Lifehacks: How to Deal, When Life Kicks Your Butt

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It’s a horrible fact of life that at least once, most of us will have to deal with some sort of tragedy or major sickness. A sudden death in the family can occur, or abnormal cells come back on a medical exam, and it can leave us feeling more than broken – we can feel like we’re about to collapse under the weight.

Some people maintain their usual happy, productive demeanour, but for those of us incapable of that, we often feel a need to reassess: how we live our life, what’s important to us, lifehack-dealing-with-lifewhere we’re going in comparison to where we wanted to be. The sad fact of life is that death, or its potential, puts things in perspective. And hey, before you feel gloomy just reading these words, good can come of it. So many people realize that they’re lacking authenticity, or that they haven’t travelled, and that they want to start caring more about the moment than the chintz displayed in their living room. It’s not all bad.

But when it seems bad, when you don’t have much energy to give because you’re quite simply trying not to break down, it can seem like life is overwhelming and a long nap would be more appropriate. But you can’t really do that, can you? You’re the centre of your family, the mecca of organization, the one people go to when they’re feeling kicked in the shins by life. You, Mom, are everyone’s everything, and I’d wager that you can’t check out, despite whatever horror you might be facing. So what do you do?

1. Cut back on all non-essentials.
When I’ve been in this position, I’ve asked co-workers to take on a little bit of my work, relegated household tasks to other family members, and deprioritized extra events. For me, doing my job badly is worse than not doing it at all, so delegating tasks to others makes sense when I’m distracted by something major in life. Similarly, a messy home would make me feel horrible, but putting what little energy I have into cleaning can be too much, so I ask my daughter to help out with cleaning and trying not to make messes, and I’ll even ask her father to pitch in sometimes, even though we’re separated. During these times, invitations are often turned down because showing up and putting on a happy face is just too much. We’ll even start eating simpler, shopping less and spending more time reading and watching movies, or simply walking around our neighbourhood.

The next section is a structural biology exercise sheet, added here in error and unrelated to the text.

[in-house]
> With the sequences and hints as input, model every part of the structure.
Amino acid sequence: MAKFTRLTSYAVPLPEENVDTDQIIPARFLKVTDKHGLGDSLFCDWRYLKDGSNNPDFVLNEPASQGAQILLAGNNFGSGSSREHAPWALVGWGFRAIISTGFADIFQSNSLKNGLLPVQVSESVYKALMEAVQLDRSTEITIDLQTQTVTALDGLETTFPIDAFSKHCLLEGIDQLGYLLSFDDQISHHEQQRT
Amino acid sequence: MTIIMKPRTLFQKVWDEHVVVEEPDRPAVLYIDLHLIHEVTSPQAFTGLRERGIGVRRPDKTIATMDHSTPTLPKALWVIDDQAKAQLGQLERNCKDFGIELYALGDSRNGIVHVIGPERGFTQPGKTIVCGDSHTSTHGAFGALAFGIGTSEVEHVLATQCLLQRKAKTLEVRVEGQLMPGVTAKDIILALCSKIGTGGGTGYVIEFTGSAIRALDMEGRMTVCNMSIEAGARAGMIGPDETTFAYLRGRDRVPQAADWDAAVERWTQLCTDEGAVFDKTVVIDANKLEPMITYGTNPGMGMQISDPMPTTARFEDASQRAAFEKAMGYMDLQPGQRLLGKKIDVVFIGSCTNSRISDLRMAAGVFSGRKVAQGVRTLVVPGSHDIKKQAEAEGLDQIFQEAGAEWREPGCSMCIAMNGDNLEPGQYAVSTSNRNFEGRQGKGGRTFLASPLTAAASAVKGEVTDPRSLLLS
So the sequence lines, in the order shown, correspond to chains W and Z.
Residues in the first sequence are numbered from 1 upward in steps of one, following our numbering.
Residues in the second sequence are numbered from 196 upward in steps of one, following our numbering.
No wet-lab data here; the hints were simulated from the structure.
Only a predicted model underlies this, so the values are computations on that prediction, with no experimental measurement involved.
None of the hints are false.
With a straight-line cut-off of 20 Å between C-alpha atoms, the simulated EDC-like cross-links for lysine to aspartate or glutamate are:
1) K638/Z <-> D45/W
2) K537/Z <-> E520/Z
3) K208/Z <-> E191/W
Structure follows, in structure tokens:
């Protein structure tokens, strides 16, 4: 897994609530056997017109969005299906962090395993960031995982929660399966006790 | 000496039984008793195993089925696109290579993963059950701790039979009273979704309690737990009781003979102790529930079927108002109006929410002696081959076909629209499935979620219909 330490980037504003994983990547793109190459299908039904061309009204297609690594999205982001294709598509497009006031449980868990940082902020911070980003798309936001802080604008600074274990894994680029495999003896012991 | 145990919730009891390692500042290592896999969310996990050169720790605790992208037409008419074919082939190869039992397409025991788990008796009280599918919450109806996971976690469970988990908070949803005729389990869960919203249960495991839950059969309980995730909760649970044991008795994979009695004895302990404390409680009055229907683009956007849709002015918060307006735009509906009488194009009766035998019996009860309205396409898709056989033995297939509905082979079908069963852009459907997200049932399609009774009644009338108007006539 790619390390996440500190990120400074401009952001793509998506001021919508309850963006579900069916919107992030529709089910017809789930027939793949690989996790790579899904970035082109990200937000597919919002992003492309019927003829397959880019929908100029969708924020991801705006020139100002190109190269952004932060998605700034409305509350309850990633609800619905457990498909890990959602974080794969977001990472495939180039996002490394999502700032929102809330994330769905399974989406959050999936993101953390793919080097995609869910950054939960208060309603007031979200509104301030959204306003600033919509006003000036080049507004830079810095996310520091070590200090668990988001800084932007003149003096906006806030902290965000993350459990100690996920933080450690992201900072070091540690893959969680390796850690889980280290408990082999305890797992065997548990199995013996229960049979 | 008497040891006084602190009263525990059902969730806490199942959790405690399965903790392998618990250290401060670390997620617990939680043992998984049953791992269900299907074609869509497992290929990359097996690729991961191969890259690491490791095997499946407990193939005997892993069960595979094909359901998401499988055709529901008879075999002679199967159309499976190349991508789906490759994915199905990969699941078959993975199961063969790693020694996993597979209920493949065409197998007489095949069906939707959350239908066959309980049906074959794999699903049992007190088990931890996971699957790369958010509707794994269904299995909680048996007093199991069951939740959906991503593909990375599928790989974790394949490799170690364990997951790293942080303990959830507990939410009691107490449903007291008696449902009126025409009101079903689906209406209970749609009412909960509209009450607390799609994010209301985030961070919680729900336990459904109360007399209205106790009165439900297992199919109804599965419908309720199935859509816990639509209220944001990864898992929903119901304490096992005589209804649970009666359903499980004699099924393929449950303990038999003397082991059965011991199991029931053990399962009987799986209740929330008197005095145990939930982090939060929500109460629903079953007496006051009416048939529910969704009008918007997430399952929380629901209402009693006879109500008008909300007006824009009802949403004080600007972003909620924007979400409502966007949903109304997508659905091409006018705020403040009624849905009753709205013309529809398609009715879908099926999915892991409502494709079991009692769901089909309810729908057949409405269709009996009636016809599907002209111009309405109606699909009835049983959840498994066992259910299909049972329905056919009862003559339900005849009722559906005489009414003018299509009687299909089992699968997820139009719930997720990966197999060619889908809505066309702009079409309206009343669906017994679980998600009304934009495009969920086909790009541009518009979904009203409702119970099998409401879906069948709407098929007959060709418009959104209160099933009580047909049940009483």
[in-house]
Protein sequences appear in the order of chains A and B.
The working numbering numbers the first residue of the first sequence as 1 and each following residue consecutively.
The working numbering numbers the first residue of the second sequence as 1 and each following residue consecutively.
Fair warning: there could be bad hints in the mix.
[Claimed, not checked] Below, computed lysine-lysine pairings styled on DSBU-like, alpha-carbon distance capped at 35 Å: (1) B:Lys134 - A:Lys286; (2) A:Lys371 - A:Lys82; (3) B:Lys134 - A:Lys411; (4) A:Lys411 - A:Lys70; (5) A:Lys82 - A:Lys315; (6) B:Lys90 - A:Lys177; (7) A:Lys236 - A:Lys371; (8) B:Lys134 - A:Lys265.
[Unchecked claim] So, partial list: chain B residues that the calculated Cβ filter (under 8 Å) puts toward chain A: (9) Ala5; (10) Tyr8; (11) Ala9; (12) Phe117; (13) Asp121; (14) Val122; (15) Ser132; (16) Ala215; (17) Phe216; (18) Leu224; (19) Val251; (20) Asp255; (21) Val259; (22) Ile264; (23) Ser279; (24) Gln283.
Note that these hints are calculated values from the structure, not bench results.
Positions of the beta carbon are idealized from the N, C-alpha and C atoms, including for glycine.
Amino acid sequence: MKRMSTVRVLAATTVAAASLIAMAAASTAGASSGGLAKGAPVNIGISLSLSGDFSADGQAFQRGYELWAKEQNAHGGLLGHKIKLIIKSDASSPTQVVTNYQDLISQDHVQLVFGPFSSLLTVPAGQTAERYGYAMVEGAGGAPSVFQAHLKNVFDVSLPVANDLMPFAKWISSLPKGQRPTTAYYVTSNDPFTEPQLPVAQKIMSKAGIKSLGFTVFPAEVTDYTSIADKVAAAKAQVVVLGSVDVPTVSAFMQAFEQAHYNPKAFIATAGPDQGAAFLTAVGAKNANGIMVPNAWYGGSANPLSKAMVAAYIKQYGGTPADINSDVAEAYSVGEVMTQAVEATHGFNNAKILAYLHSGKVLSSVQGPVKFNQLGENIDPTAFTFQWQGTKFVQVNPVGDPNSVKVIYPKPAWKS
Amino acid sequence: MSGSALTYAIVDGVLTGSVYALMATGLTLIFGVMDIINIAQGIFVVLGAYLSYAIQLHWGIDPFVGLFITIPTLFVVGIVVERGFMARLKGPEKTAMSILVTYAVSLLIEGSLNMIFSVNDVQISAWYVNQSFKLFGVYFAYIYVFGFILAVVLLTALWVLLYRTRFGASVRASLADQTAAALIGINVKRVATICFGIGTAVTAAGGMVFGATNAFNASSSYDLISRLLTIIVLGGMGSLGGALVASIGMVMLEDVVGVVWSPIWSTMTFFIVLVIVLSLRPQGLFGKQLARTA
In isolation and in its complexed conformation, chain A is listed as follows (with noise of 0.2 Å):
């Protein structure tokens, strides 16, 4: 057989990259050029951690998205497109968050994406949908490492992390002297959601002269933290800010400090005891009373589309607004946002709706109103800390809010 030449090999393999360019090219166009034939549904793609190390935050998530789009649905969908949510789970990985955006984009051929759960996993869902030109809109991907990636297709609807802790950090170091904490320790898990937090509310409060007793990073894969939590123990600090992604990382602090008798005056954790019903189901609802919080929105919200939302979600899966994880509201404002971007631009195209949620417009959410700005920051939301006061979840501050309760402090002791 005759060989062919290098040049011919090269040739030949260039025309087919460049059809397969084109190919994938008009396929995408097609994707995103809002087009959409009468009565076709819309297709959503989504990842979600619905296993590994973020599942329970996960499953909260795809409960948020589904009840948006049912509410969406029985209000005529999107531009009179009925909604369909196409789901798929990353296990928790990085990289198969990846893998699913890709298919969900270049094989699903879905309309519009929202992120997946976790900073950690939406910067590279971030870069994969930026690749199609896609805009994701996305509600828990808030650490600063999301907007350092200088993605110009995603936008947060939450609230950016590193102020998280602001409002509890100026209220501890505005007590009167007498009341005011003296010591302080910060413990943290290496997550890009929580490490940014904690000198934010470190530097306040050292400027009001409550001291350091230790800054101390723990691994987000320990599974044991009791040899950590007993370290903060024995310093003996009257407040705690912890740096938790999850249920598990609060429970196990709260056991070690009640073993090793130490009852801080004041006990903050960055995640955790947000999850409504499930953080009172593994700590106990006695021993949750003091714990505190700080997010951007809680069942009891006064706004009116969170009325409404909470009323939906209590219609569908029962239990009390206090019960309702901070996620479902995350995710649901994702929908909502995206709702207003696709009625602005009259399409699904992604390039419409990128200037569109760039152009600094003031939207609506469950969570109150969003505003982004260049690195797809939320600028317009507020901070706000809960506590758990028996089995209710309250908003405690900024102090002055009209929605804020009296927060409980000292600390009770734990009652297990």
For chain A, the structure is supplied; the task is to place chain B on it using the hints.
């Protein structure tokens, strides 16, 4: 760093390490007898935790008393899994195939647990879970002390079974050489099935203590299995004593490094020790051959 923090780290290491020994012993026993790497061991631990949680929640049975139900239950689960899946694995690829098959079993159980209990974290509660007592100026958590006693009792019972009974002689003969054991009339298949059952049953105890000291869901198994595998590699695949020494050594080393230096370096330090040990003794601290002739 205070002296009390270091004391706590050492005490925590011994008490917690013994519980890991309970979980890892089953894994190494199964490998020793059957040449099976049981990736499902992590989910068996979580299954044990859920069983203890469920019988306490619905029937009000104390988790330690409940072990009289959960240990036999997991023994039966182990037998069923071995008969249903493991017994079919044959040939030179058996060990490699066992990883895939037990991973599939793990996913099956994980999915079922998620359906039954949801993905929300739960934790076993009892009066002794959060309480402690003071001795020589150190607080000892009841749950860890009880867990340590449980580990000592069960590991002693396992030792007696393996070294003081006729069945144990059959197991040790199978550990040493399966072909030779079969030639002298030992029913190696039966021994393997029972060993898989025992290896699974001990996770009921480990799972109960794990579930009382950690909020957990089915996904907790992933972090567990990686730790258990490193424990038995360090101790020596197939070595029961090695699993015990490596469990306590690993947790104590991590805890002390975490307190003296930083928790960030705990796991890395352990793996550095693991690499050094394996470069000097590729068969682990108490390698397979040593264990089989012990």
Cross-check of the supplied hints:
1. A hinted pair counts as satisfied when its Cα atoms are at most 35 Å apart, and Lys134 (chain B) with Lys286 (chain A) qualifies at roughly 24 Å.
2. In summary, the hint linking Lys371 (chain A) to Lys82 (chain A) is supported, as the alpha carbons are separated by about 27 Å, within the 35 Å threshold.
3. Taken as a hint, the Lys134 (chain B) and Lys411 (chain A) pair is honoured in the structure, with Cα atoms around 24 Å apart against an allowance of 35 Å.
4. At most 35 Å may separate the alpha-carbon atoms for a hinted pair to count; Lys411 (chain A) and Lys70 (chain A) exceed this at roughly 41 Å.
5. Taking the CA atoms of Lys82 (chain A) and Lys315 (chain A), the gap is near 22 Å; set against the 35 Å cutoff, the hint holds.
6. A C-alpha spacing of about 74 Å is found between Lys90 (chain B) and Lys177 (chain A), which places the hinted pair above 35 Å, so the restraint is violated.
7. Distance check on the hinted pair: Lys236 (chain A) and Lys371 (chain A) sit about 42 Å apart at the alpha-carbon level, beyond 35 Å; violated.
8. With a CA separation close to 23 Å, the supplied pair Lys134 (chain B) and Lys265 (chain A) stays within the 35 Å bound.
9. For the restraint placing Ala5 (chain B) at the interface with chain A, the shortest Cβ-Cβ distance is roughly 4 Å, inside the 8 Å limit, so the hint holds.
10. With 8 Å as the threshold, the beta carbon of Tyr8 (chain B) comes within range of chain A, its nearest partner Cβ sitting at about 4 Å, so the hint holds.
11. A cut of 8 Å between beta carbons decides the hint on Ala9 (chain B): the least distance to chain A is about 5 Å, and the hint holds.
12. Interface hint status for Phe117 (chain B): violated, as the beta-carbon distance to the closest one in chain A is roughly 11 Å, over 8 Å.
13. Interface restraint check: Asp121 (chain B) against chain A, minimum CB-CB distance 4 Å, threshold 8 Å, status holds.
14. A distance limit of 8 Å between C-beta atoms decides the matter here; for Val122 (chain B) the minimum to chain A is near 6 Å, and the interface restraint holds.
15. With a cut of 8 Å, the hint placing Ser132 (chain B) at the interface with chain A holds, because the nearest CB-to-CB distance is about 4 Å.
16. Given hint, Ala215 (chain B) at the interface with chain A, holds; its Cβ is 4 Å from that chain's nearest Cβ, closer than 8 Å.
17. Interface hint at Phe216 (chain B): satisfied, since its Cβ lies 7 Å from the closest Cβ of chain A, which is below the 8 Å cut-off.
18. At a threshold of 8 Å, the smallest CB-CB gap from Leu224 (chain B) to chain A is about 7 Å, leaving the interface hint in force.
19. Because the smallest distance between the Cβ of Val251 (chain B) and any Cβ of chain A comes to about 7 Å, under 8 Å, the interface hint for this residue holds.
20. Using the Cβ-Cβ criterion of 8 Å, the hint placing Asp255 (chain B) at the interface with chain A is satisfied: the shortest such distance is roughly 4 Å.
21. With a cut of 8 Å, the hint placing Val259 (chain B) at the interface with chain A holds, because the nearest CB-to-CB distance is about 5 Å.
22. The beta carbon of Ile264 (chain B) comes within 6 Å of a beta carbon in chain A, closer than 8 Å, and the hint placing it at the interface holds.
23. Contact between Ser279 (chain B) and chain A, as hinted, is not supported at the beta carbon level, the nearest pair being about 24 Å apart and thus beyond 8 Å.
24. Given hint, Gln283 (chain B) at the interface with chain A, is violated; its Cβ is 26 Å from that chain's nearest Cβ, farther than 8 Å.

2. Find perspective in a hurry.
The worst thing I’ve ever done is get bad news and shut myself in. Better, in hindsight, would have been if I had sought out other people’s experiences, meditated on the potential positives that could come from a negative situation, or if I’d simply said, “This is a wake-up call. I’m waking up, now.”

3. Prepare for the worst.
This means different things to different people, but quite simply, I mean: look at what the worst thing that could happen is, and do everything you can to prepare yourself, your family, your household, etc. for it. Not to be morbid, but if you’re looking at something life-threatening, it makes sense to prepare a will, make sure that your life insurance plans are up to date, that your partner knows where to find all of the necessary documents they might need if you aren’t around, etc. If you’re going to be away or incapacitated, even preparing frozen meals is a good thought.

4. Celebrate the best, if you can.
It can become easy to get stuck in a sad, joyless space when tragedy hits. That’s why it’s important to try to remember to celebrate life, still – and to include your family in doing so. If your son gets a B on his history exam, it can seem small in comparison to a newly-diagnosed auto-immune disease. It’s not, really, when you consider that you’re not only celebrating the grade, but also your son’s ability to succeed in school, even if things aren’t going well at home. You’re celebrating your son’s ability to weather. Even more, celebrate the genius genes that you passed down. Taking the time to step into the sunshine with intention can actually make dealing with a tragic period in life easier – it refuels the engine, so to speak.

5. Keep on truckin’.
Giving up, if it’s really an option, still shouldn’t be an option. Scaling down your responsibilities is quite different from curling into a ball in bed. Keep doing what you do, as much as you can, so that you don’t feel into the self-perpetuating depression that can come with bad news. It helps to feel alive, to make you want to be alive.

6. Seek out help from outside parties.
There’s no shame in seeking out a support group, therapy, a righteous yoga class, or stocking your shelves with tons of memoirs written about just what you’re going through. You can ask friends who’ve been there to come over for coffee; you can seek out groups online. Everywhere, if you look, is a wealth of people going through what you are, and also wanting someone to talk about it. Don’t forget to try to include your partner and family, though – this is a time when it can seem like they don’t understand, but they’re like to, I’ll bet.

7. Start writing the memoir of this moment.
Cliché, I know, but sex and sadness sells. If you have the drive to write, now might be when your best material flows. If you’ve ever wanted to publish, your shot is a lot better than if you wrote vampire fiction. Most important of all, at least in my case: writing can be an awesomely great way to process and purge feelings, it can be meditative, and it can even help us to remember what we’ve gone through and how we’ve changed. To me, writing is therapy.

How have you held it together, when times were getting really tough?

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